Pulmonary Inflammation and Injury in a Mouse Model of Non-Alcoholic Steatohepatitis


Non-alcoholic fatty liver disease (NAFLD) is a chronic liver condition that affects millions of individuals in the United States, of which approximately twenty percent of cases progress to non-alcoholic steatohepatitis (NASH). NASH is characterized by macrovascular steatosis and persistent inflammation in the liver, which can lead to fibrosis. Evidence suggests potential effects of NAFLD and NASH on the development of pulmonary pathologies, but the interaction between the liver and the lung is not well understood. In this study, we assessed the impact of NASH development on lung inflammation and fibrosis over time. Male C57BL/6J mice were fed control (10% kCal) or high-fat (HFD) (60% kCal) diets. Liver tissue, lung tissue, and bronchoalveolar lavage (BAL) fluid were collected after 1, 3, and 6 months of feeding. Histopathologic evaluation of livers from HFD-fed mice at 6 months confirmed the development of NASH. In the lung, we observed histopathologic alterations, including inflammatory cell infiltration, lipid-laden macrophages, septal damage, and epithelial thickening at 6 months. Gene expression analysis of whole lung tissue revealed changes in genes related to inflammation (IL-1B), fibrosis (CTGF), and lipid metabolism (ApoA1). These results characterize an association of pulmonary complications during simple steatosis to NASH transition, suggesting lung-liver crosstalk.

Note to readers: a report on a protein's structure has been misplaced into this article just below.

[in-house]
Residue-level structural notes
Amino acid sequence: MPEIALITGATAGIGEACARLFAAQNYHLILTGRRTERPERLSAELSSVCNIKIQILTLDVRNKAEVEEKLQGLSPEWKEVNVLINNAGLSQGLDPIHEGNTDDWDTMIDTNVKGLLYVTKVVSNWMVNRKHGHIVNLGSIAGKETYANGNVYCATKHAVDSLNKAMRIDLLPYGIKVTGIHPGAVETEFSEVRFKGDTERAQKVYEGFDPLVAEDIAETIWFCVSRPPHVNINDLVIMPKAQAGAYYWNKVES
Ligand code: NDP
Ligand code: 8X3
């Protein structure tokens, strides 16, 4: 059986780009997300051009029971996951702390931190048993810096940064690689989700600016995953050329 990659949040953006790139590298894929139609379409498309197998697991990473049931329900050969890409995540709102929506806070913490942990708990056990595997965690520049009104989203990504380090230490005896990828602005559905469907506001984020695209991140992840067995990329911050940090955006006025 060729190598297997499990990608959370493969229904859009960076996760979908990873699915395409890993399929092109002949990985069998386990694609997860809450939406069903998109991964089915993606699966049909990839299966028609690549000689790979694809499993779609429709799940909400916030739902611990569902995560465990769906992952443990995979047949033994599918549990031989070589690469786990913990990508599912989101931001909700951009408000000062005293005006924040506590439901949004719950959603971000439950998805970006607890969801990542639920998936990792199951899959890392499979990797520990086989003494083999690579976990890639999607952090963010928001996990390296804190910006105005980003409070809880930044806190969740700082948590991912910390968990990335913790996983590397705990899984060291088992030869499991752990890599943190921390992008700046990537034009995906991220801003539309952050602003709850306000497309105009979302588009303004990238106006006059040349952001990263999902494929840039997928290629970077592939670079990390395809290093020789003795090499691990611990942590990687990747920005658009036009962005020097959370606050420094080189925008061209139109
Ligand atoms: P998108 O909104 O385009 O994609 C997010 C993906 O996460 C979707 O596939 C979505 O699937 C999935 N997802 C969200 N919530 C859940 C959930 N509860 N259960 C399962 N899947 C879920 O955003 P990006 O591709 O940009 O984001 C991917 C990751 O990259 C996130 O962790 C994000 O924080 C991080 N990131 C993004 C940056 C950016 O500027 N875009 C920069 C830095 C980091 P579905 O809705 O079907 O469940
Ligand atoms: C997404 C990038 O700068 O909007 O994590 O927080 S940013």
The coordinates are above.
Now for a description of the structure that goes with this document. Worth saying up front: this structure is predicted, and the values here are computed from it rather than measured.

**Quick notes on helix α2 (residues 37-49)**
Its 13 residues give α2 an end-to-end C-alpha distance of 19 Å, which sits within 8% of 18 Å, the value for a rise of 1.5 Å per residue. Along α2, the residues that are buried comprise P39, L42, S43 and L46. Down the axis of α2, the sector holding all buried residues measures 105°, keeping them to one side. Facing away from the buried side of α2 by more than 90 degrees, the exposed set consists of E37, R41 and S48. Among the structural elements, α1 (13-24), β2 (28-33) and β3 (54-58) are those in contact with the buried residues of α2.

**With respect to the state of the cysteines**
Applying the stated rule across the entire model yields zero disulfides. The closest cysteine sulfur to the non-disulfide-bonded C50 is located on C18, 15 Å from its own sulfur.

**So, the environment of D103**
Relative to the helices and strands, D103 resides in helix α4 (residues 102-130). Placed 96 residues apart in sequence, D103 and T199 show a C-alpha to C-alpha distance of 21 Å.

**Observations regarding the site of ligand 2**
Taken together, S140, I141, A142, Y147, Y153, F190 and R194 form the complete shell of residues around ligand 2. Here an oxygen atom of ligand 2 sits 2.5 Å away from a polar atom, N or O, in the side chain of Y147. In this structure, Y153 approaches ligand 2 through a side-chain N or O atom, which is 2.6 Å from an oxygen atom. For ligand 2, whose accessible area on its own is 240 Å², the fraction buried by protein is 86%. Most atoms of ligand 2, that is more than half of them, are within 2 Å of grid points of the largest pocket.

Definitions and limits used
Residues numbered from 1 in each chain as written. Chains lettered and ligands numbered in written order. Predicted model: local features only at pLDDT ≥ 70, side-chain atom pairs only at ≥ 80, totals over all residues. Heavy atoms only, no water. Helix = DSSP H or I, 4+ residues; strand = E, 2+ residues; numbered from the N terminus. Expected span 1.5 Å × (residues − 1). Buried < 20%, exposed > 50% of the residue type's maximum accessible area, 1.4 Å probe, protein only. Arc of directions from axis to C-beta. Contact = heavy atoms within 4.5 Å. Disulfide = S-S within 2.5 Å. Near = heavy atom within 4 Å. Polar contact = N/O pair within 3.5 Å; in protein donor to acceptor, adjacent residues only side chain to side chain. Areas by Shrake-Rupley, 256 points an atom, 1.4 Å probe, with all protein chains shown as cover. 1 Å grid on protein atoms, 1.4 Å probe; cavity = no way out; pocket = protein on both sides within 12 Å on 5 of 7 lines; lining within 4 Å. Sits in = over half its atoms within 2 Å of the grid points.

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Copyright (c) 2021 Tanvi Banota, Alexa Murray, Laura E. Armstrong, Bo Kong, Grace L. Guo, Andrew J. Gow, Debra L. Laskin